Third, growing in our knowledge of the truth is a measure of our Christ-likeness (vv. 13,15). It is as much a part of our ongoing sanctification as is our moral development. We are to make it our aim to measure up to Christ’s mature understanding just as much as we are to display His glorious virtues, to follow in His footsteps as He was berated, slandered, and mocked by His enemies (1 Pet 2:21ff.).

Fourth, this focus on truth must be saturated with love. We are to truth it with one another in love (v. 15) and the body builds itself up in love (v. 16). It is true that elsewhere it seems that Paul seems to contrast love and knowledge, but here, in this context, the two are mutually reinforcing: love must be informed by truth; truth must be saturated with love. Often the Christian encounters the need for what the military calls “ground truth,” truth that is not gained in the classroom but learned on the battlefield. We are faced with difficult real-world cases where the most loving thing to do is not always obvious. Paul prays precisely for such situations when he reports to the Philippians, “And this I pray, that your love may abound still more and more in real knowledge and all discernment, so that you may approve the things that are excellent,’ or the marginal reading, “distinguish between the things that differ” (Php 1:9,10a). Such discernment is learned by practice in trying to apply biblical principles (Heb. 5:13,14) and by a resolute commitment to having one’s mind transformed by Scripture (Rom 12:2)

Finally and paradoxically, by implication we are to hold onto our doctrinal differences. If truth is as important to the church as this passage says it is, then we ought to take it seriously, not lightly. We ought to hold fast to our differences even if others ridicule them and use them as an excuse taunting us that the church cannot possibly have the Answer. If we disagree with each other over trivialities, then how can we claim to know what is right, true, and beautiful? Unless we are indeed differing over the things that are indifferent, such as those Paul lists describes in Romans 14 and 1st Corinthians 8-10, we must ignore such ridicule. We must hold fast to our distinctives while at the same time seeking unity. This is a part of our sanctification; it will not be attained this side of the resurrection any more than our Christ-likeness will be.

I have had a long-standing concern that we, the church, have been missing out on the beauties of this passage because of our fixation for reading it as a job description. I have never, in my forty years as a Christian heard a sermon about this passage that did not have the message “pastors equip, members minister.” I hope by writing this post I might have encouraged you to meditate more deeply on this beautiful passage of Scripture.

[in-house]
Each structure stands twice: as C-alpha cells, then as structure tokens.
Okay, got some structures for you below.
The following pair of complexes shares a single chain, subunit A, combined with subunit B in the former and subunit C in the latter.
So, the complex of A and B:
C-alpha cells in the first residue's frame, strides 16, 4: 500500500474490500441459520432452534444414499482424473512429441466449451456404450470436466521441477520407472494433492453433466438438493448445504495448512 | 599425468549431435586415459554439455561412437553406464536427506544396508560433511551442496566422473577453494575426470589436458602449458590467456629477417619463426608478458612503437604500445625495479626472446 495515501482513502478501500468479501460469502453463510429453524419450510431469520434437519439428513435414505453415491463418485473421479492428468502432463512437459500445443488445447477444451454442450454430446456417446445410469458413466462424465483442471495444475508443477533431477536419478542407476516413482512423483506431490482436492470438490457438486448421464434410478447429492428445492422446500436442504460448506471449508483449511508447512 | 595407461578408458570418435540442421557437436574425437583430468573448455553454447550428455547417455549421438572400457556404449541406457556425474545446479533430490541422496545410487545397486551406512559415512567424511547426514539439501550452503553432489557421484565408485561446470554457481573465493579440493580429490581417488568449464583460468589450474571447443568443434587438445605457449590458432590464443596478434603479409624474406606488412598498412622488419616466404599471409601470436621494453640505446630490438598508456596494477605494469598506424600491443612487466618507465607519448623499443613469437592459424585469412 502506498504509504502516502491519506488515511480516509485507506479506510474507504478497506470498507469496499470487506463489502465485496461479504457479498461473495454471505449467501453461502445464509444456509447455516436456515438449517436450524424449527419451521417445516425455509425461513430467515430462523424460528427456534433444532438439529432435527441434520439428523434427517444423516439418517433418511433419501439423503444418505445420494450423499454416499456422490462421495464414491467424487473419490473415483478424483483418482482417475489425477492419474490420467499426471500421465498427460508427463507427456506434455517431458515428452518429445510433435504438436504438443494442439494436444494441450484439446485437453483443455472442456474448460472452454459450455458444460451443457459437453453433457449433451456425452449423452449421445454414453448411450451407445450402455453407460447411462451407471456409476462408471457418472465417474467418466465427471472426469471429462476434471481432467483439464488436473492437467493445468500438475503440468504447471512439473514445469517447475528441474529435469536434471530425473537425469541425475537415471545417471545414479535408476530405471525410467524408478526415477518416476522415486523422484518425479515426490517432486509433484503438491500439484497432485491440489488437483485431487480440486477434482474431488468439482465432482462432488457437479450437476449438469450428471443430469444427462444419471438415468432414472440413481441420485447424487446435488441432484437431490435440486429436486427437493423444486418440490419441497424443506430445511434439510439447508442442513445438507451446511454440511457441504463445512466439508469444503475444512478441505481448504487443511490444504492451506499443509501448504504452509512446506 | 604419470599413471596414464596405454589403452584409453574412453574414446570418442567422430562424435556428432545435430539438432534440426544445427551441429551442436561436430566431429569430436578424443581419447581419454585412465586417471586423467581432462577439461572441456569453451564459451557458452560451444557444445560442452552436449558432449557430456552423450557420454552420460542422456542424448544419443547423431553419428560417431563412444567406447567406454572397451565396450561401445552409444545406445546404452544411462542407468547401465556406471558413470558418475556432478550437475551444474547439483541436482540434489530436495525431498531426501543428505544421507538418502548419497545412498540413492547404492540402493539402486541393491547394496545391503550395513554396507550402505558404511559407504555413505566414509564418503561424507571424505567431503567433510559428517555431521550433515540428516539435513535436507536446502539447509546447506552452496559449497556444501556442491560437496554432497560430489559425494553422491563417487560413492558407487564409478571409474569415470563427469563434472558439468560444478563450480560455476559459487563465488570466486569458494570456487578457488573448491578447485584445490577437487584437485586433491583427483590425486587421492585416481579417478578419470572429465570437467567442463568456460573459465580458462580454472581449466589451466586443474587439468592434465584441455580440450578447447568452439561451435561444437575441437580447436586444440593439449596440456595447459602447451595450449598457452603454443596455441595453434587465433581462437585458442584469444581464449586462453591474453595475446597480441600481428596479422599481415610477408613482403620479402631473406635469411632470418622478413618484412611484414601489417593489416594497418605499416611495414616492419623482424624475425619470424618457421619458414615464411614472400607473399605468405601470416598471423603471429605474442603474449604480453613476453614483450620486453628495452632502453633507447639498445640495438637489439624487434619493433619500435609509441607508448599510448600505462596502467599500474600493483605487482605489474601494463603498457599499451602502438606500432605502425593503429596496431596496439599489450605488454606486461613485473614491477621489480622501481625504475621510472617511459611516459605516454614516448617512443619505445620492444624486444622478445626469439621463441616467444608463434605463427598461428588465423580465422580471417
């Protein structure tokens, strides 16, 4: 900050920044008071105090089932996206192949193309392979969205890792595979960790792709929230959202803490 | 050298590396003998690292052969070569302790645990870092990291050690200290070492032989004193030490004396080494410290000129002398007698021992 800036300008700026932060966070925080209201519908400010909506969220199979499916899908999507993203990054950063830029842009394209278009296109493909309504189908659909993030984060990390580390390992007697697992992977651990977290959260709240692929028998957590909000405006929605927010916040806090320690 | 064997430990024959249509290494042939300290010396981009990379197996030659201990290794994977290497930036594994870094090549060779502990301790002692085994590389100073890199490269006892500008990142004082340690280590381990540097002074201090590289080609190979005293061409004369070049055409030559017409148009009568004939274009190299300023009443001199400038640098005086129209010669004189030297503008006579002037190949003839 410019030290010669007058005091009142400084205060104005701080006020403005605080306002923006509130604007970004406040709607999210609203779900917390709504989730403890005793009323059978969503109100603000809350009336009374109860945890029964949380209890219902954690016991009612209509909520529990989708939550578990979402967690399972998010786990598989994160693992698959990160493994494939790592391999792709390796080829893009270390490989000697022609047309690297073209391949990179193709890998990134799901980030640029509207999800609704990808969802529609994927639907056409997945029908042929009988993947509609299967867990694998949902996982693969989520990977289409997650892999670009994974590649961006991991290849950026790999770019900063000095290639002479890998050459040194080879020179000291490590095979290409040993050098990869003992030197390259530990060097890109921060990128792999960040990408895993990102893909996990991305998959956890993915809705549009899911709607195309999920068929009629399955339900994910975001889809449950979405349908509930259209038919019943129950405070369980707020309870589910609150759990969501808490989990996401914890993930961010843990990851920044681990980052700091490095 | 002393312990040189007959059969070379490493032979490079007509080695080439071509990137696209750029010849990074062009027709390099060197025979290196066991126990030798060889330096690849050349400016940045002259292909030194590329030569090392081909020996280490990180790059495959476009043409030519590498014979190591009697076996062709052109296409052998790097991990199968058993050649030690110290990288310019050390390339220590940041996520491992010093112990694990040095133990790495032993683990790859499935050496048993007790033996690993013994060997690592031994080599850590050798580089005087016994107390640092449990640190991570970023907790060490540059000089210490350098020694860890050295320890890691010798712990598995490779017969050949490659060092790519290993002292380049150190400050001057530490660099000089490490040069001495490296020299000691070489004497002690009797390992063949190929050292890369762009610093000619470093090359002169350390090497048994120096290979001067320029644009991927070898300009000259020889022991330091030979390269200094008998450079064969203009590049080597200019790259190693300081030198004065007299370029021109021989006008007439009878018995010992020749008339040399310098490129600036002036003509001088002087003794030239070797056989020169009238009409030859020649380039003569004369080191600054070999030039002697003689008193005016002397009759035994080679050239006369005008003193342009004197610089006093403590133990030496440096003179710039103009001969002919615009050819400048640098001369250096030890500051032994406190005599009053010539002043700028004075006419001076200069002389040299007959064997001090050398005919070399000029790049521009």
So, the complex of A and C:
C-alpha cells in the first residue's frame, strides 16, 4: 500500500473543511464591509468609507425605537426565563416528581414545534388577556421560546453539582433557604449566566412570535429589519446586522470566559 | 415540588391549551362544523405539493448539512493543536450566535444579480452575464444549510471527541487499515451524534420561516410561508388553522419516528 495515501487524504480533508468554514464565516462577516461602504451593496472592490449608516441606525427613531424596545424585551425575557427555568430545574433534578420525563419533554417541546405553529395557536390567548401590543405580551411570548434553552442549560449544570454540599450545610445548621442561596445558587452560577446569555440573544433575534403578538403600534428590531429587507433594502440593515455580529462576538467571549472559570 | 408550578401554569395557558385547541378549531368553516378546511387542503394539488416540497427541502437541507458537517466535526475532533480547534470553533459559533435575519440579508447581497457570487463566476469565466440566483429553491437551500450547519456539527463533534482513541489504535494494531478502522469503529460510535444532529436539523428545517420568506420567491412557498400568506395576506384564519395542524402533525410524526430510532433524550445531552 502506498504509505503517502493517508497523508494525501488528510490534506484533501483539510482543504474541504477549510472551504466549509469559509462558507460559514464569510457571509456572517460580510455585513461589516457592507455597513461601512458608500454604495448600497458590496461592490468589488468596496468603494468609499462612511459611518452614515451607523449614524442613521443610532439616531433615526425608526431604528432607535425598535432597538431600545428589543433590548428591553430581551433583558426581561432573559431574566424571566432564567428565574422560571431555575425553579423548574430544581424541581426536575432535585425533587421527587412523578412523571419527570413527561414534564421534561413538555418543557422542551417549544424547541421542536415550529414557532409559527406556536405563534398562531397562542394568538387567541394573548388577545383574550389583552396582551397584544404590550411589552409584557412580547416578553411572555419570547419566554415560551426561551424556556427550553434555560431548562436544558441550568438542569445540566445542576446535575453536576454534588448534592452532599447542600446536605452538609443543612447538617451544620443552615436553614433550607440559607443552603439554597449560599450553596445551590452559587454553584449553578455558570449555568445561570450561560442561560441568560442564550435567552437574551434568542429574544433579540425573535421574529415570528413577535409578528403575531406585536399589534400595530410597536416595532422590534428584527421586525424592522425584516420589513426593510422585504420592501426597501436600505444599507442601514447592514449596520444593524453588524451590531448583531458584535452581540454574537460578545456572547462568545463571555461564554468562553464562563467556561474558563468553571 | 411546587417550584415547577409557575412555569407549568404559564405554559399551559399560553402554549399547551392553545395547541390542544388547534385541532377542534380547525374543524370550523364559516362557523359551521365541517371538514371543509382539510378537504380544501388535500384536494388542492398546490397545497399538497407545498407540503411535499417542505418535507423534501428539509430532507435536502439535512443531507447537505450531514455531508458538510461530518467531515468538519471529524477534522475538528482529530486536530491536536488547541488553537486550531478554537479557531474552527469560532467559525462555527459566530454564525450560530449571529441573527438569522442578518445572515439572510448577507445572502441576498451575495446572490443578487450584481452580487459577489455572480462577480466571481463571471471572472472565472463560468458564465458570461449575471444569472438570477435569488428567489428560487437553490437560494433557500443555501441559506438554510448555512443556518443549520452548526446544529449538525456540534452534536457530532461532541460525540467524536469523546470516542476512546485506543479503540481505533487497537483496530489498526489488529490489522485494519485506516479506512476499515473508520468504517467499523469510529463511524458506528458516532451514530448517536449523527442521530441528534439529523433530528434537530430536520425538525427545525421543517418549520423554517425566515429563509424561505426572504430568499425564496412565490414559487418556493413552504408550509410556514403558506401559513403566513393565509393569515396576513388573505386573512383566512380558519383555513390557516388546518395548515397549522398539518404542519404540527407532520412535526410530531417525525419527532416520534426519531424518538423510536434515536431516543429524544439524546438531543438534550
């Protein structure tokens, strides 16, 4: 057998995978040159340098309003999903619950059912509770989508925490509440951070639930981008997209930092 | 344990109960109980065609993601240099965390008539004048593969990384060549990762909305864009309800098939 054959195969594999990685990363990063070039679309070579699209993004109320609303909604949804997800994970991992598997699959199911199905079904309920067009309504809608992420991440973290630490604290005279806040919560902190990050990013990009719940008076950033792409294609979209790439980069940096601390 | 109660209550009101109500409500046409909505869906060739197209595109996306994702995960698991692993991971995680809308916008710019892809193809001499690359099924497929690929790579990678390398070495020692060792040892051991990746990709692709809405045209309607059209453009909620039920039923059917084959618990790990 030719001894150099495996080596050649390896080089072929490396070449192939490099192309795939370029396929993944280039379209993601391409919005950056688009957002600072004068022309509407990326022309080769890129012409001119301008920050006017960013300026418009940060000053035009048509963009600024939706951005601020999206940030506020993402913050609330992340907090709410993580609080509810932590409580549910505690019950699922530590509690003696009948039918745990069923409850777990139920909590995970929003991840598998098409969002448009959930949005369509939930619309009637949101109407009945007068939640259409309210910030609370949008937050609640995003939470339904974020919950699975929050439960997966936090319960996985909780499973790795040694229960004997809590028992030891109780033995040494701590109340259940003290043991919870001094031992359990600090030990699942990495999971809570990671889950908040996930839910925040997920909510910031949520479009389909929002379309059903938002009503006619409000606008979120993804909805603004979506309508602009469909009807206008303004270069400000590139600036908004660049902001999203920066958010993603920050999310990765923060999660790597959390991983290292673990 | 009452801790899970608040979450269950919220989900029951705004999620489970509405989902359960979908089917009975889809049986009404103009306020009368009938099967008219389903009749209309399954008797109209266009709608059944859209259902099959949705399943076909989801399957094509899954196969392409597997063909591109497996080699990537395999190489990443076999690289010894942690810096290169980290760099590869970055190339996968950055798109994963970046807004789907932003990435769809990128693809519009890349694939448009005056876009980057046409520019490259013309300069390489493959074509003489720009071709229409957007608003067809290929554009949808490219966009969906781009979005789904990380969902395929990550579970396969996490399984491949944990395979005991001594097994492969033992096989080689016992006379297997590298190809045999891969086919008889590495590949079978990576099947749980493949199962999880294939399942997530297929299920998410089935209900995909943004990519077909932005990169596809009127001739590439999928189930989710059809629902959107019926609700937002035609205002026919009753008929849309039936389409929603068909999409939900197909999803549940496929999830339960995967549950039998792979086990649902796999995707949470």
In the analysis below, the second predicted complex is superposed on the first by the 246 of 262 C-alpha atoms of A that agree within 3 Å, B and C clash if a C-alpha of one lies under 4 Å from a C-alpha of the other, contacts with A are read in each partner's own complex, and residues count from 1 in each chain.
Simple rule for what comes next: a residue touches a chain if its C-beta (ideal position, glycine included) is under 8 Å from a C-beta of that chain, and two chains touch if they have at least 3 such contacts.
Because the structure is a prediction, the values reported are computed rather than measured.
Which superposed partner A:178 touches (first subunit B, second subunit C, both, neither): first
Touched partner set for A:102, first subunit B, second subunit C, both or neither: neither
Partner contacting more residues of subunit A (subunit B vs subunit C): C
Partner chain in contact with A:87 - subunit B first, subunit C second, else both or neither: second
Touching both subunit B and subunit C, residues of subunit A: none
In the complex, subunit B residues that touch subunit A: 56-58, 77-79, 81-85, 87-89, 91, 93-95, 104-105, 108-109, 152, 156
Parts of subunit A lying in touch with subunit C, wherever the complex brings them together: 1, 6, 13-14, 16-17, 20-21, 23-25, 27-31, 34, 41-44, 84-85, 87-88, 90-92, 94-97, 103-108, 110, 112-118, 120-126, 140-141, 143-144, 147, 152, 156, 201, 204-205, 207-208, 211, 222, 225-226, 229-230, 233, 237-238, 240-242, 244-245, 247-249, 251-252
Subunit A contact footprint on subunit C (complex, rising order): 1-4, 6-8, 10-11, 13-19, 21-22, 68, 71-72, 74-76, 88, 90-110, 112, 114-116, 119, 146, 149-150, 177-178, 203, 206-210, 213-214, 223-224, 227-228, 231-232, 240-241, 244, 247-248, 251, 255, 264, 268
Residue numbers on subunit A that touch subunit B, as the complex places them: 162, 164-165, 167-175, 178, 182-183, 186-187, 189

UPDATE: I have received a few comments from readers that seemed to miss the point of my post. A couple have focused on the underlying Greek pointing out that we do not have the same preposition, “eis,” repeated three times in what are translated as three purpose clauses. The first preposition is “pros,” indicating that the first purpose clause is subordinate to the second. So, Paul could not have intended to set up three parallel purpose clauses here. I did not intend to advocate a return to the KJV translation. I accept the modern translations! My problem is with the fixation on the “job-description interpretation” of these verses. And I am very concerned that pastor/teachers are somehow distinguished from the body instead on included within it. I still very much doubt that Paul intended to write specialized job descriptions for pastors and members in the context of this passage. I would love to engage in a debate at that level.

Secondly, just to be contrarian, I am not always convinced by these arguments from changes in Greek prepositions, especially by non-classicists. I took two years of classical Greek while a young man in which the possible sound of the language was emphasized. I remember attending readings in which a scholar attempted to read classical Greek poetry using his/her reconstruction of its sound. I wonder sometimes if it isn’t possible that Paul used different Greek prepositions simply because to the Greek ear “pros” sounds better before consonants and “eis” sounds better before words that begin with vowels with smooth breathing. I do not claim to be enough of a scholar to settle the issue, but I think we ought to be more attuned (pun intended) to possible stylistic changes because it sounded better. Again, my point is NOT to dispute the modern translations; I celebrate the influence they have had in freeing us from a stultifying clericalism.

Finally, I was very disappointed to receive a note from a good friend that simply reasserted, “pastors equip, members minister.” This raises a point that I did not make in my original blog post: the use of the translation “ministry” instead of the more literal “service” even among those who use the NASB as I do. The word “ministry” carries with it far too much freight, connotations associated with the old clericalism. At least Steinbron’s subtitle is more honest: A Model For Preparing Lay People For Lay Pastoring. This is dead wrong unless we are talking about lay people who are called to be elders. The verb most commonly used to define the activities of an elder is “to shepherd,” transliterated into Latin “to pastor.” Even though Hebrews 13:17 refers to leaders and not pastor teachers, I believe Hebrews 13:20,21 tells us what the author had in mind, “Now the God of peace, who brought up from the dead the great Shepherd of the sheep through the blood of the eternal covenant, even Jesus our Lord, equip you in every good thing to do His will, working in us that which is pleasing in His sight, through Jesus Christ, to whom be the glory forever and ever. Amen.” Pastor/teachers or elders are under-shepherds to whom has been delegated a special responsibility for the flock, and will give an account for the well-being of their people’s spiritual lives. This is not something safe to grasp at if the Lord has not called you, much less a responsibility to disperse willy-nilly. Our Lord is not safe! There is a pastoral care only pastors can/should give. That does not exclude a member care that members can/should give in small groups, Sunday School classes, or special ministries.

Just to repeat I’m afraid we have missed the riches in this passage because of our fixation on a job-description interpretation.